Earthquakes Simulated to Predict Building Damage

Jasmin Wu/UCSD Guardian

Researchers are testing the stability of commonly used structures by using the world’s largest outdoor shake table to simulate earthquakes. The series of tests, which began on Jan. 10, will measure the effects of earthquakes on three-story reinforced masonry structures, which are frequently used in apartment and hotel buildings.

The tests are being conducted at UCSD’s Englekirk Structural Engineering Center in Scripps Ranch. The shake table is a realistic simulation of earthquake conditions and will be instrumental in contributing to available data. It will also influence methods of analyzing structures, according to Benson Shing, the structural engineering professor leading the project.

The structure  — made out of cinder blocks to fit California’s seismic standards — was tested on the shake table. The structures undergoing tests were designed in accordance to the requirements for buildings, which have changed over the years to minimize chances of collapse during earthquakes.

Shing said the tests have not yet concluded, but results so far are promising.

The tests simulate earthquakes modeled after the 1994 Northridge earthquake — which measured a 6.7 on the Richter magnitude scale — but will also simulate earthquakes up to 7.0 magnitude. This is the first time that current building structures, as well the structures present during the Northridge earthquake, have been tested under conditions of such extreme stress or on such a large-scale shake table.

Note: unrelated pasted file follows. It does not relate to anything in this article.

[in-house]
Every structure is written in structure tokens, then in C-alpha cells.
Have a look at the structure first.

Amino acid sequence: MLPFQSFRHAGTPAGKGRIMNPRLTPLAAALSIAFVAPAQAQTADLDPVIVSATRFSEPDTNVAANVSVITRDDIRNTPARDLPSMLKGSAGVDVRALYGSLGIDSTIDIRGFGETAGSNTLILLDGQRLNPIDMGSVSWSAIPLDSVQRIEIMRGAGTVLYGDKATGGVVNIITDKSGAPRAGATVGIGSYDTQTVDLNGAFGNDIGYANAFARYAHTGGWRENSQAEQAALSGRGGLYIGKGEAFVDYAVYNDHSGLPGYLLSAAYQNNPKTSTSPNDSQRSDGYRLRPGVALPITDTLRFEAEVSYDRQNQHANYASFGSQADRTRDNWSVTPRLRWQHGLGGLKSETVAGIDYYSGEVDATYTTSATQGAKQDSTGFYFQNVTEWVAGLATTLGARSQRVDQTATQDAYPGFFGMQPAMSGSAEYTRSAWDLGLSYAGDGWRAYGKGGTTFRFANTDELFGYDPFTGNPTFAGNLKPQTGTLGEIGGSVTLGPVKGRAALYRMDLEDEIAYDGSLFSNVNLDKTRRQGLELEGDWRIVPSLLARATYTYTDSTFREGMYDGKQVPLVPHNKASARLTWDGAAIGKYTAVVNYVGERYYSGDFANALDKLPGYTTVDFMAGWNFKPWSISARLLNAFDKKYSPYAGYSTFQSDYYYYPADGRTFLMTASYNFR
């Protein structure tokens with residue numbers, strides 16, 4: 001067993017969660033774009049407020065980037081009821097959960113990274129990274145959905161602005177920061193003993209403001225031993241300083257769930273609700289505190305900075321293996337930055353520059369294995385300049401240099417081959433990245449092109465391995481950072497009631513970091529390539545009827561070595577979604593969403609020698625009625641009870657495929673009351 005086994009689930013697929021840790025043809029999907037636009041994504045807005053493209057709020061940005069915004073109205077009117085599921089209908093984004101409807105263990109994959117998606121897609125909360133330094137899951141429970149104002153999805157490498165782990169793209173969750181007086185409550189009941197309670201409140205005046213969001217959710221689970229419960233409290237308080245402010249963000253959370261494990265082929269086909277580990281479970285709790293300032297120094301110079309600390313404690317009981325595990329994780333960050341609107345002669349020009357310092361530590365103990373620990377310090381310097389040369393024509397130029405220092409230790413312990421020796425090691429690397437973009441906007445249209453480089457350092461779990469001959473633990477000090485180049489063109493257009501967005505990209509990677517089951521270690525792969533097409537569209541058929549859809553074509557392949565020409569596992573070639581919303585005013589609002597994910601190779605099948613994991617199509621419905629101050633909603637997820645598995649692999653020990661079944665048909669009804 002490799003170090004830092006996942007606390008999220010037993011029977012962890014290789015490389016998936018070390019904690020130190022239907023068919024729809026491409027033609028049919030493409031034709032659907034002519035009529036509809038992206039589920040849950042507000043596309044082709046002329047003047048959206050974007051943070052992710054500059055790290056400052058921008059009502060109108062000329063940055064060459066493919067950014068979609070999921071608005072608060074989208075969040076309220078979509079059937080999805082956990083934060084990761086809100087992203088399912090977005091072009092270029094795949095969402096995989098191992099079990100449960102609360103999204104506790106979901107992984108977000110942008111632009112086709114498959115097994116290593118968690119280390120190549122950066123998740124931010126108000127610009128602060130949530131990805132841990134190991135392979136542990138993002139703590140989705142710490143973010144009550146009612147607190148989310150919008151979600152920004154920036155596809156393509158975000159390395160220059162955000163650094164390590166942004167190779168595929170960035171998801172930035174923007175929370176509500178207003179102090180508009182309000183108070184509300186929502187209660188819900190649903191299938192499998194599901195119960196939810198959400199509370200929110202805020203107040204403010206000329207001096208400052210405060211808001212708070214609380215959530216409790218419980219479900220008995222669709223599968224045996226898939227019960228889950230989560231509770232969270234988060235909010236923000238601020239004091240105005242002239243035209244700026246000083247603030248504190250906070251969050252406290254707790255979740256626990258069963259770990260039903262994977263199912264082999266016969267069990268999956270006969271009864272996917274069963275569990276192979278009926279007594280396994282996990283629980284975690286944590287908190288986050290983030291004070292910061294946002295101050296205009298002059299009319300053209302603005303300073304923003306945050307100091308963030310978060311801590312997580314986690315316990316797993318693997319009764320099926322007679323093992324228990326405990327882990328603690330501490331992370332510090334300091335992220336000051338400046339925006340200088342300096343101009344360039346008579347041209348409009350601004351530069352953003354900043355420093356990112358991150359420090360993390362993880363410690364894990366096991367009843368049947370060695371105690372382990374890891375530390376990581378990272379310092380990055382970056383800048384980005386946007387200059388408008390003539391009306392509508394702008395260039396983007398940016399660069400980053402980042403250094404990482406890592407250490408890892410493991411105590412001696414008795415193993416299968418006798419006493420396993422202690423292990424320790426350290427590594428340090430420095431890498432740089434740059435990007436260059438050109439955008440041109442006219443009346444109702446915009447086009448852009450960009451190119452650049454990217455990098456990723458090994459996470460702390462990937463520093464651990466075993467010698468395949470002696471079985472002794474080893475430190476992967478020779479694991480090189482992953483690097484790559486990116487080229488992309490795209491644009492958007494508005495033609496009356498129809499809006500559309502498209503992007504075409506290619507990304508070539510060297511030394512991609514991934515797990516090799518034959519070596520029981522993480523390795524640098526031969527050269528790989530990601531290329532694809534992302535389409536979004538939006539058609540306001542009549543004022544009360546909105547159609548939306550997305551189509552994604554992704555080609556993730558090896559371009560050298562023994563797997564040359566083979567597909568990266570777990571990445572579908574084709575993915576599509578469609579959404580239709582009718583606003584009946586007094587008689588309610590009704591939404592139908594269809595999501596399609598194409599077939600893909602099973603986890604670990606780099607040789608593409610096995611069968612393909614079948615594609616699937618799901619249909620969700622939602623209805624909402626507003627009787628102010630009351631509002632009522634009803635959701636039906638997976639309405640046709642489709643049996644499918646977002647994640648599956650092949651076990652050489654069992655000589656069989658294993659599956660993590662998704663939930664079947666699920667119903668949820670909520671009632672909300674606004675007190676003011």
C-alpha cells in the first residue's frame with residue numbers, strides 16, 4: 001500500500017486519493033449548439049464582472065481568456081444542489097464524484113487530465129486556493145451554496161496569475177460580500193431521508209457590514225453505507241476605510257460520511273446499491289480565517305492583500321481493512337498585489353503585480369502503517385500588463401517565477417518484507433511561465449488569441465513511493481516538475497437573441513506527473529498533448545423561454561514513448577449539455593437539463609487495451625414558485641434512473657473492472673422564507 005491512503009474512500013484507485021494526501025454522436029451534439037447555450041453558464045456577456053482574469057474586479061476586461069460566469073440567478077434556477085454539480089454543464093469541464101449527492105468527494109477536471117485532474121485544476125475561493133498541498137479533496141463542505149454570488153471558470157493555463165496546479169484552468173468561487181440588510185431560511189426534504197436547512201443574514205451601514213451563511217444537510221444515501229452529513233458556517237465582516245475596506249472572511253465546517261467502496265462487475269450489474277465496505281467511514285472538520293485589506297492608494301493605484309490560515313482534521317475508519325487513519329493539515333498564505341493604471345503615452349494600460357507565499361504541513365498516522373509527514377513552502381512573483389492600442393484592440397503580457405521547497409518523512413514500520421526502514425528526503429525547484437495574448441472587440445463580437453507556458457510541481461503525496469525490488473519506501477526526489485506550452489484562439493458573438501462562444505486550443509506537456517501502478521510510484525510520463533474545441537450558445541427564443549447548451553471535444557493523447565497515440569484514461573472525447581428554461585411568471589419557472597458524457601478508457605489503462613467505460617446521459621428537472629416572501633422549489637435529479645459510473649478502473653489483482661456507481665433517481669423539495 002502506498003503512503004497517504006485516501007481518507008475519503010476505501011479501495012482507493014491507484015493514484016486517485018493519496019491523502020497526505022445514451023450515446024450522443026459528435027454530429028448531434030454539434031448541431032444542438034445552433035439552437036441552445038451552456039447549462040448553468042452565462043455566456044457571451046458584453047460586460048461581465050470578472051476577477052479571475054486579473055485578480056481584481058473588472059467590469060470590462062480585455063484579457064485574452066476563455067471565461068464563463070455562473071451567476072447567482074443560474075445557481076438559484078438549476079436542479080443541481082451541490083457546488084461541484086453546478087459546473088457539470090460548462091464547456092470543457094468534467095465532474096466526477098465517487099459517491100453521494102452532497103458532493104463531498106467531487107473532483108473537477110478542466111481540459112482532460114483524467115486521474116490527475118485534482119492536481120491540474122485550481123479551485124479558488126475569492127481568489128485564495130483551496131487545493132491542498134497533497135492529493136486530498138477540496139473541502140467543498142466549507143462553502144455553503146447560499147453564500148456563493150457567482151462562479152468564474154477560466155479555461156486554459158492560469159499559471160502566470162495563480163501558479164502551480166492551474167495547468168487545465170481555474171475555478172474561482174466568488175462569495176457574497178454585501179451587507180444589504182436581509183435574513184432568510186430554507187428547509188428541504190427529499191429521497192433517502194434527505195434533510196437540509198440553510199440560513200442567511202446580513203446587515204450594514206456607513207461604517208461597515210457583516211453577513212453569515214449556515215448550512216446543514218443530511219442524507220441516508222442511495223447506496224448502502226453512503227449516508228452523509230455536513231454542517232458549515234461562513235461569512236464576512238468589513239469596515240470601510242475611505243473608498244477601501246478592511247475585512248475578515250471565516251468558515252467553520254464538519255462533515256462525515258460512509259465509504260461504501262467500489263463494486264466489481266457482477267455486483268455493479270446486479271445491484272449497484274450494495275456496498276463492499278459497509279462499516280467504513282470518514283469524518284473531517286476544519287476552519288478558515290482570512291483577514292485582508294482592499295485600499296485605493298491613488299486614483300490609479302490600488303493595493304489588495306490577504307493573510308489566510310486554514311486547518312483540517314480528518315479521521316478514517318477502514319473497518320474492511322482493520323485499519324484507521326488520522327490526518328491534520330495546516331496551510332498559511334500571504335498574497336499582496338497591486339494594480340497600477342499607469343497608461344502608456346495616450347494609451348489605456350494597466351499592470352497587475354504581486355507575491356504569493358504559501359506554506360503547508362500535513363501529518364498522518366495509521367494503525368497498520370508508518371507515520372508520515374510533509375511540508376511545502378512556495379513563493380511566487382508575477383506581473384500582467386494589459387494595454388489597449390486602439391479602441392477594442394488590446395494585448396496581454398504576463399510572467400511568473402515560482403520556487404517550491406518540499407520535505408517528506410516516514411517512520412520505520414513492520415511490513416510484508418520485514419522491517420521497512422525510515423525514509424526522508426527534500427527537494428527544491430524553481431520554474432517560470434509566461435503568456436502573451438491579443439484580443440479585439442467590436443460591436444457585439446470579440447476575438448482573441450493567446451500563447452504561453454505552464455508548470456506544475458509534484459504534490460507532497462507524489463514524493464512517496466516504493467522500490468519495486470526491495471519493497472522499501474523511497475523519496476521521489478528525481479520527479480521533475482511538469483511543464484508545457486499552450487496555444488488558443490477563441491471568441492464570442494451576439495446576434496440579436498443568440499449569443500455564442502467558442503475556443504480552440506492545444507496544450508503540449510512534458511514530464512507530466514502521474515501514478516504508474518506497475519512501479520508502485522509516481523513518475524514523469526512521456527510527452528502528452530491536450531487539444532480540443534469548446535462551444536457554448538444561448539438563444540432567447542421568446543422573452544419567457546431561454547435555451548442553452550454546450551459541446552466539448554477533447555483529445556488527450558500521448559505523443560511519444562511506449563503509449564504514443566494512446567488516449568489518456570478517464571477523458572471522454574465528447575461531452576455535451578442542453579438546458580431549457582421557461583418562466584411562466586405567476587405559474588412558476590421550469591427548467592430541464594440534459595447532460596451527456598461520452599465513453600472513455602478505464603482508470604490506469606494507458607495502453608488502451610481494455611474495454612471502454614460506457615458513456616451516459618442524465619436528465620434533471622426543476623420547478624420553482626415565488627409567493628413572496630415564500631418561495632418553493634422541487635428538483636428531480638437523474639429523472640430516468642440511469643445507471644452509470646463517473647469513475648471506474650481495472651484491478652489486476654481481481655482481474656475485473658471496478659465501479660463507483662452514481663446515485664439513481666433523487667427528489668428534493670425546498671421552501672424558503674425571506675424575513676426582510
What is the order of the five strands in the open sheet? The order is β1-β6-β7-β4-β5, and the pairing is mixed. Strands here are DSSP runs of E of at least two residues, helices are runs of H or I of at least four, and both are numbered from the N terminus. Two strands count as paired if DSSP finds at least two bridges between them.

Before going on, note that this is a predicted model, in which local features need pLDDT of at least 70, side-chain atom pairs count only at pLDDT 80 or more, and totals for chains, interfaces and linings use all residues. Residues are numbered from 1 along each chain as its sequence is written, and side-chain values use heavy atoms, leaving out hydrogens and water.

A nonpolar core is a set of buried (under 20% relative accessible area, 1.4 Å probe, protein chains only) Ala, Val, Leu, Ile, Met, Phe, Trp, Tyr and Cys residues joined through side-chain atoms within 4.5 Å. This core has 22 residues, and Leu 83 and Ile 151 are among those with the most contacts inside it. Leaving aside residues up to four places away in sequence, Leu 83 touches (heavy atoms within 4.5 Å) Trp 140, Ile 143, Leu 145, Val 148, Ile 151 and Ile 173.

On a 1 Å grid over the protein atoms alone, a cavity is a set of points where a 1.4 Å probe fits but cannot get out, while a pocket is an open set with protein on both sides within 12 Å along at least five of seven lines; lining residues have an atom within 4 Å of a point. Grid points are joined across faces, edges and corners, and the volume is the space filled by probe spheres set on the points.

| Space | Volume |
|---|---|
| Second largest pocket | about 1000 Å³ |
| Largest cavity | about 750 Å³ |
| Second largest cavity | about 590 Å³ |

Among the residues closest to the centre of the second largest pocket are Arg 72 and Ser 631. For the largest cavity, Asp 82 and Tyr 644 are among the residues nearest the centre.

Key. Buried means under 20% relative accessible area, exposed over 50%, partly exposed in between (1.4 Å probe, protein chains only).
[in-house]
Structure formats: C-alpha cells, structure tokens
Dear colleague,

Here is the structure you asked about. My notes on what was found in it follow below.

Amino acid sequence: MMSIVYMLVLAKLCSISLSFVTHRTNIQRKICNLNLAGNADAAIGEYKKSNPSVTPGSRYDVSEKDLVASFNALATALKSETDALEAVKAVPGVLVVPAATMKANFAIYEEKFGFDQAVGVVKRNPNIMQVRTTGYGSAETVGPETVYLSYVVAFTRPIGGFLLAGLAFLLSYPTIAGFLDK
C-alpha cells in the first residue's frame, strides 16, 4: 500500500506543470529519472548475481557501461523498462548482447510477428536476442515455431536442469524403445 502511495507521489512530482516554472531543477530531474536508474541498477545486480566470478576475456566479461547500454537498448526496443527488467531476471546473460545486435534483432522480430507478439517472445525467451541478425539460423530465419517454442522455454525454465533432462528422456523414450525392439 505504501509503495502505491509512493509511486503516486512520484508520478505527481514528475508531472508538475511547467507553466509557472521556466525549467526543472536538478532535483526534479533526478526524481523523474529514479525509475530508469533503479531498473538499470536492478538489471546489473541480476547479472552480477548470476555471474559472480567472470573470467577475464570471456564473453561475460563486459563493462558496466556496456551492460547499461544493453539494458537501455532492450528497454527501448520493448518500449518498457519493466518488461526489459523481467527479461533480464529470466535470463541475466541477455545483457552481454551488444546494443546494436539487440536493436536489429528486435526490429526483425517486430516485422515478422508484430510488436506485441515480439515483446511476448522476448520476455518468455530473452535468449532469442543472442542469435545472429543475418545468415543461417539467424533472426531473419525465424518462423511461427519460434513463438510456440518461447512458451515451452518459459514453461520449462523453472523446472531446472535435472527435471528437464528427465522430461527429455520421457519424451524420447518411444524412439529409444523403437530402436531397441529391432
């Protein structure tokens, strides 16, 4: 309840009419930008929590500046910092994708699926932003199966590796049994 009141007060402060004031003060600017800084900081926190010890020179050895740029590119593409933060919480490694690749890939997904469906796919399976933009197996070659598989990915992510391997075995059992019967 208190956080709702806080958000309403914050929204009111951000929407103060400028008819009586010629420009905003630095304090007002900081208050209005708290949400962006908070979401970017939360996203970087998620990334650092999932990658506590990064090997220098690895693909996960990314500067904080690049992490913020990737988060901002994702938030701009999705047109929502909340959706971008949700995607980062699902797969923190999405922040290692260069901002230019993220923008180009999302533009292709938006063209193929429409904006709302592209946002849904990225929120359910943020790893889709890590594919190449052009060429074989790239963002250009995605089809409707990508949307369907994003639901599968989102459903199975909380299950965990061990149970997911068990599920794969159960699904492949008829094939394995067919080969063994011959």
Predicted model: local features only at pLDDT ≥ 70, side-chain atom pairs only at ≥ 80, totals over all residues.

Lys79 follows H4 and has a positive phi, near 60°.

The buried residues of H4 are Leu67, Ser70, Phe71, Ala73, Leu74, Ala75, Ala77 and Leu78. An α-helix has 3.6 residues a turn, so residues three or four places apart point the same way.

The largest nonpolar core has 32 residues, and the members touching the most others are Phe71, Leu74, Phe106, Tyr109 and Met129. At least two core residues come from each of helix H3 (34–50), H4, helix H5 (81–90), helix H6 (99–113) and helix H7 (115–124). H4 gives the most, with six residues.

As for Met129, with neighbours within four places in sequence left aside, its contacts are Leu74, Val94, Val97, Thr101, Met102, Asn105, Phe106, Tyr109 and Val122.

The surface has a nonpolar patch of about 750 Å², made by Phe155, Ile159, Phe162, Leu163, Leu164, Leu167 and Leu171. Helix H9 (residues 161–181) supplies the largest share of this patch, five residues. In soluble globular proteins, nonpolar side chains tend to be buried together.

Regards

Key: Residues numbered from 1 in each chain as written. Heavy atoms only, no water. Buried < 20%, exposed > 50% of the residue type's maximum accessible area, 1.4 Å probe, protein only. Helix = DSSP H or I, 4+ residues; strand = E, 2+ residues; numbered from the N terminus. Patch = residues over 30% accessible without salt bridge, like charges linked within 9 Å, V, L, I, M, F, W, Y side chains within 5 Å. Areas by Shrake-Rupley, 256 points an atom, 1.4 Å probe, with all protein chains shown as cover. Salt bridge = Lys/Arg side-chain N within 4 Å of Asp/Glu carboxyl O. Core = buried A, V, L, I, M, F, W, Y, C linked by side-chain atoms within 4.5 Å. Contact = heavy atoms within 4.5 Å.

The data will be incorporated into a larger database that is used to enhance the accuracy and precision of prediction tools and can be used to accurately simulate the performance of structures with similar designs but unique details.

“The structure performed very well,” Shing said. No significant damage has affected the structures as a result of the shake-table simulations. Although little of the resulting data has been announced, the testing website includes 11 live-action cameras currently streaming from the site of the shake table.

Due to the many lives that have been lost to earthquakes, engineers are attempting to make sure buildings are safer than the ones that have collapsed previously. Of special concern are the structures that serve the general public, such as hotels, schools, apartments and hospitals.

The project is funded by a $1.5-million grant from the National Institute of Standards and Technology through the American Recovery and Reinvestment Act program. The National Science Foundation is funding this testing through the Network for Earthquake Engineering Simulation (NEES) Program in light of recent concerns about the safety of such buildings.

Shing and his team are collaborating with earthquake engineers from the University of Texas at Austin and Washington State University as part of a national movement to help improve the safety of common building structures.

Part two of the project will begin at UCSD in early 2012, when Shing and his team will conduct comparable tests on a similar kind of building, a two-story, masonry structure with smaller windows.

These structures are more difficult to analyze, because current methods used by engineers do not reliably assess the effects of earthquakes. The lack of a standard prototype also makes analysis more difficult. Using the shake table on this structure can give engineers a more accurate idea of how it will respond to earthquakes.